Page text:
The Outlook of the Greek Economy

Greece is once again seeking help from the European Union and the International Monetary Fund to avert bankruptcy. Andrew Schneider looks at what developments in Europe mean for the dollar.

Main building of the bank of GreeceWin Thin, a currency analyst at Brown Brothers Harriman, says a Greek default is all but inevitable. But he expects the EU and the IMF will try to keep the country afloat for at least another year or two. The aim is to avoid contagion that could cripple the region.

“The European banking sector right now is very, very weak. They’re holding a lot of Greek bank debt and a lot of Greek sovereign debt, and any kind of a hard restructuring now would basically blow up a lot of balance sheets in European banks.”

With the pressure off Europe in the near term, Thin says, markets will turn their attention to interest rates. The Fed appears more reluctant than other central banks to raise rates. That’s likely to drive investors away from the dollar again, in search of higher risk investments with stronger returns.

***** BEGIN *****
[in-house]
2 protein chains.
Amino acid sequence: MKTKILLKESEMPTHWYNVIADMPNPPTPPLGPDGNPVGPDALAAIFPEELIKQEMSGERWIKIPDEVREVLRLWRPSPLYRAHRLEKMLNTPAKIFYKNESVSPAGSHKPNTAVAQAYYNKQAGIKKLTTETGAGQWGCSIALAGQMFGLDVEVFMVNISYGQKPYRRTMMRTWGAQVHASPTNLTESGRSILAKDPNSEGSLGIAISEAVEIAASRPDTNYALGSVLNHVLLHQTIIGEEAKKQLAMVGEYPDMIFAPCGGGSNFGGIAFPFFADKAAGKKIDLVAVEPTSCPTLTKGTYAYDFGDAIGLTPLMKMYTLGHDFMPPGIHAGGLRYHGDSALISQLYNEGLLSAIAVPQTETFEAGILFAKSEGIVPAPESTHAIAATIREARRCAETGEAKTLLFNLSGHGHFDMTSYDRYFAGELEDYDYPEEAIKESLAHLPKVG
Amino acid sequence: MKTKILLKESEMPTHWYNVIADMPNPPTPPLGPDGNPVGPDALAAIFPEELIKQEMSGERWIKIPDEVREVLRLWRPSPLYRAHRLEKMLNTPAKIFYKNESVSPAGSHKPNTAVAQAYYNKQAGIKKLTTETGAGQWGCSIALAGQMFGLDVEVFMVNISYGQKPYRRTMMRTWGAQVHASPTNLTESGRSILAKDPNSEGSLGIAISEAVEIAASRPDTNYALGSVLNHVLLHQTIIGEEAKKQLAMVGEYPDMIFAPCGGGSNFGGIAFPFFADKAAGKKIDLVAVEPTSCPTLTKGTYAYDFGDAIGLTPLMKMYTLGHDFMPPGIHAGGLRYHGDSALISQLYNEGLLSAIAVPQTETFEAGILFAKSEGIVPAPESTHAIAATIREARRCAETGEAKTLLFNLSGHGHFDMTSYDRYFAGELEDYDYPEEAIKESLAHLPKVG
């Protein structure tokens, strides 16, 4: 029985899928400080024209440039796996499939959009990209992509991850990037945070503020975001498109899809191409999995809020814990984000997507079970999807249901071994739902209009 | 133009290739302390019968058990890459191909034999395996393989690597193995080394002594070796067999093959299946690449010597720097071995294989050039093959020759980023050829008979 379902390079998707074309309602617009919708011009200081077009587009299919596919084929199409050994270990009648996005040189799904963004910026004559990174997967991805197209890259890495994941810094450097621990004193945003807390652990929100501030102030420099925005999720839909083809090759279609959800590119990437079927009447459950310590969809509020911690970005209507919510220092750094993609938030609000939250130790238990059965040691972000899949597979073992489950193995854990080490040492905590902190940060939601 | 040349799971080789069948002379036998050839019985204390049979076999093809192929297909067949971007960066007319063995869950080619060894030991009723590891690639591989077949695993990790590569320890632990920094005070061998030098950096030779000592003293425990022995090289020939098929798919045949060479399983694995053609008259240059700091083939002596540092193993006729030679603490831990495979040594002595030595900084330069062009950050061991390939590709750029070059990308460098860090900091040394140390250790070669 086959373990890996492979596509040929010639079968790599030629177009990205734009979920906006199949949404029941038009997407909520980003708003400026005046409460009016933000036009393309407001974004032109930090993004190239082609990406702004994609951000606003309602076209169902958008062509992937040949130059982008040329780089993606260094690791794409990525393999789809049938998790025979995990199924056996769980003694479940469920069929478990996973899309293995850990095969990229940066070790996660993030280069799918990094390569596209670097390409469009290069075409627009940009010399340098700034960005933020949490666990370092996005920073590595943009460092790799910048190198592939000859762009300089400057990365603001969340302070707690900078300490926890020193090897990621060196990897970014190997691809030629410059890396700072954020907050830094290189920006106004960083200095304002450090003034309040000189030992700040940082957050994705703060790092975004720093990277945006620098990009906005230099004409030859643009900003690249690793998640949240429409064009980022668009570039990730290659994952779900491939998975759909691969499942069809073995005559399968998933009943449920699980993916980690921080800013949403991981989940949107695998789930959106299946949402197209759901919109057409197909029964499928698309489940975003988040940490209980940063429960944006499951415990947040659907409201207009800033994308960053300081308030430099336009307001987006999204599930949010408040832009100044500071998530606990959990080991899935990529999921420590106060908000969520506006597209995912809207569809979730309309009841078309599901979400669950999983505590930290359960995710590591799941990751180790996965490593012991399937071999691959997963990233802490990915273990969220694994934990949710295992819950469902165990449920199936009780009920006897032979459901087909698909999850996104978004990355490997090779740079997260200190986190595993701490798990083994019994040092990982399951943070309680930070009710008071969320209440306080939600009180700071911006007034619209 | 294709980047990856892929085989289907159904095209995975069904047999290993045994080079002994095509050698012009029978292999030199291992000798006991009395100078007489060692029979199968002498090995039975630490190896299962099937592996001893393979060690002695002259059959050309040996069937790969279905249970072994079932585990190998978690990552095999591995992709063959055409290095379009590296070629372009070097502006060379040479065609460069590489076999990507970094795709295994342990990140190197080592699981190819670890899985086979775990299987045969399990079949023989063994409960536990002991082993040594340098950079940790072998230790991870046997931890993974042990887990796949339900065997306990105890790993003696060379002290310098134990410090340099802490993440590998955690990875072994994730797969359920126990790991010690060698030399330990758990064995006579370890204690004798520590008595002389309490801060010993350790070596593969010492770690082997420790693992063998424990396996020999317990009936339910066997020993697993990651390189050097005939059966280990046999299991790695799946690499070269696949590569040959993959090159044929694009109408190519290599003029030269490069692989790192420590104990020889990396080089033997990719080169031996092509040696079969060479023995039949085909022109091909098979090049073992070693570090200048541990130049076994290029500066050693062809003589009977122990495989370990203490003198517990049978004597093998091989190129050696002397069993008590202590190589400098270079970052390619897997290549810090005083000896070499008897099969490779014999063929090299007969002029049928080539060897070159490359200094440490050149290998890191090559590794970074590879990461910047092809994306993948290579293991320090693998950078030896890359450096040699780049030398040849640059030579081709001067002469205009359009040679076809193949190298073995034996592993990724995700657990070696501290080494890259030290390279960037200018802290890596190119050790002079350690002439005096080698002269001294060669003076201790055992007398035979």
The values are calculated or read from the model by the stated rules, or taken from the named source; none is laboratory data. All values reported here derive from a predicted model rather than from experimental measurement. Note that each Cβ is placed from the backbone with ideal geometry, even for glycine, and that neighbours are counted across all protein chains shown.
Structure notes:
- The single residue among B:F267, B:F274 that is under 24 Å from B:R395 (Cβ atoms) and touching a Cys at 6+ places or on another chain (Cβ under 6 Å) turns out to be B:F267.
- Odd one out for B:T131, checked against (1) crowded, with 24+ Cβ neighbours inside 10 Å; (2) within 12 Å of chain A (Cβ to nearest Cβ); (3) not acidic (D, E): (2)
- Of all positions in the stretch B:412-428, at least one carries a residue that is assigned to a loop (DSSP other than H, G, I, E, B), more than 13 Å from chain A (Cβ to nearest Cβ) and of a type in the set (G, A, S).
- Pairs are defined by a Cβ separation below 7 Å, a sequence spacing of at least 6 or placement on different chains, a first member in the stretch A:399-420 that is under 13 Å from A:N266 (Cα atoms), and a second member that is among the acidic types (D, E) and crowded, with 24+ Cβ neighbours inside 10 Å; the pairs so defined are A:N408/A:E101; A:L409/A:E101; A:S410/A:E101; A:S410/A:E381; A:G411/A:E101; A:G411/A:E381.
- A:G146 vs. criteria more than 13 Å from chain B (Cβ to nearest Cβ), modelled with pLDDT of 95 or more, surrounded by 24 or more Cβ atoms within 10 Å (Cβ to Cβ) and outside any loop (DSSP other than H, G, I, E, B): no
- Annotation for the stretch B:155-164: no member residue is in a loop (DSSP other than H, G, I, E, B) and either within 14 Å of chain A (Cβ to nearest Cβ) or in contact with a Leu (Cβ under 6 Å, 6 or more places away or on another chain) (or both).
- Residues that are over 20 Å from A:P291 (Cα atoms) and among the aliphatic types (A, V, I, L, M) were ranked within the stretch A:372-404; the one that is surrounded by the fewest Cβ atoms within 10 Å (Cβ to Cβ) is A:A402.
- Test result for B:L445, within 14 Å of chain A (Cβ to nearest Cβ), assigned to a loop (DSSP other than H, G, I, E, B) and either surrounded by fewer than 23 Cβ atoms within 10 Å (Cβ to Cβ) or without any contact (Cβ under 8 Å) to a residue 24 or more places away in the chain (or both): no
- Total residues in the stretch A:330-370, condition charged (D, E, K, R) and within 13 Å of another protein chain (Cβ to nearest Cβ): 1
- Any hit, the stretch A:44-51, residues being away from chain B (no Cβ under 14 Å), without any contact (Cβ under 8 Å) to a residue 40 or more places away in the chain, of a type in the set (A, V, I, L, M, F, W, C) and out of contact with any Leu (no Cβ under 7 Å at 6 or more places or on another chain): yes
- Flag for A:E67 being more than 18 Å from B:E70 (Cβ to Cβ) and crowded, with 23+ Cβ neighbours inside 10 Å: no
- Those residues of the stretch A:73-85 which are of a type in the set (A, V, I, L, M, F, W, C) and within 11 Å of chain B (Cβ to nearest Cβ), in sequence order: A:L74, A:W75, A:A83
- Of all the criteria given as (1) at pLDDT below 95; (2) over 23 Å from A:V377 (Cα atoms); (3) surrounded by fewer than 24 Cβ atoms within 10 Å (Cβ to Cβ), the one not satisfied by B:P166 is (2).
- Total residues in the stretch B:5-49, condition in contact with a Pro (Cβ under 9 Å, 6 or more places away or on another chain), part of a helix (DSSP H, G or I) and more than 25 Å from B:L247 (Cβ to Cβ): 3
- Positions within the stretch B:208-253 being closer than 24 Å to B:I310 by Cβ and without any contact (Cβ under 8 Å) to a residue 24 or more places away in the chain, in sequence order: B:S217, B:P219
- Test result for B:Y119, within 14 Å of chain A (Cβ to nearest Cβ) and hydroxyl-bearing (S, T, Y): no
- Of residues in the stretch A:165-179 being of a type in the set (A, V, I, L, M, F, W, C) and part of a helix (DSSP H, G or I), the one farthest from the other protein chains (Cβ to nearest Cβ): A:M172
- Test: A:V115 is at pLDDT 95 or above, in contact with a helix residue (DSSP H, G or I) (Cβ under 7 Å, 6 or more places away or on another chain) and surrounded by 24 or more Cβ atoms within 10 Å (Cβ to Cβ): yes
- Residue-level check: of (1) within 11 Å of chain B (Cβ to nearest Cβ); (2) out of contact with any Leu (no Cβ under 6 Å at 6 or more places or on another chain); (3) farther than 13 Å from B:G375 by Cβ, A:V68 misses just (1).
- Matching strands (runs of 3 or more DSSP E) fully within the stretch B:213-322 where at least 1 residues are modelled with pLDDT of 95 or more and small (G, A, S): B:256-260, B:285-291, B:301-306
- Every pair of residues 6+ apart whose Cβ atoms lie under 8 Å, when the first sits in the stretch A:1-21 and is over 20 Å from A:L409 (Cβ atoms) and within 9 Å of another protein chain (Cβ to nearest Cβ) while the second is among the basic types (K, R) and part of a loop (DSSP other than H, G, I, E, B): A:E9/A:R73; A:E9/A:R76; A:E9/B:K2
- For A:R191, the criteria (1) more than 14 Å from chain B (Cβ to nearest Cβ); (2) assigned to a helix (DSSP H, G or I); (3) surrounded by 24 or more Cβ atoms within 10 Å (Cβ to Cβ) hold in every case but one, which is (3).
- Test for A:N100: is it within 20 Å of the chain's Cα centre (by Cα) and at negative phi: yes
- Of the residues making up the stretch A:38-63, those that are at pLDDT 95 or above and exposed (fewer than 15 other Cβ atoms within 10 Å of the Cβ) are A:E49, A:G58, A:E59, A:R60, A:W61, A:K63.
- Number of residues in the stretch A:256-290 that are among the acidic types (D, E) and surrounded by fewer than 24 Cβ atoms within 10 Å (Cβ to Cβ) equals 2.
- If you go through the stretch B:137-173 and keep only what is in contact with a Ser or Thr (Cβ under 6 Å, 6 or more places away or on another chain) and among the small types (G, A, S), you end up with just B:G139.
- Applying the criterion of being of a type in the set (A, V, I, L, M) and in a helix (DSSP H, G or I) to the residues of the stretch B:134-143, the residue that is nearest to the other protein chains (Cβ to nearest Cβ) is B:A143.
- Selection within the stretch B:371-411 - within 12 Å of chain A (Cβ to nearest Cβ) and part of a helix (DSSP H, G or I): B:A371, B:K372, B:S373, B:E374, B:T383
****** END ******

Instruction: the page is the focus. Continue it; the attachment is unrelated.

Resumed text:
“That’d be emerging markets, equities, commodities – that would be oil, gold, copper — all these things that have been really highly, highly correlated.”

Translation: Near term relief for Greece will contribute to near term pain at the pump.


Andrew Schneider

Andrew Schneider

Politics and Government Reporter

Andrew heads Houston Public Media’s coverage of national, state, and local elections. He also reports on major policy issues before the Texas delegations in the U.S. House and Senate, as well as the Texas governorship, the state legislature, and county and city governments. Before taking up his current post, Andrew...

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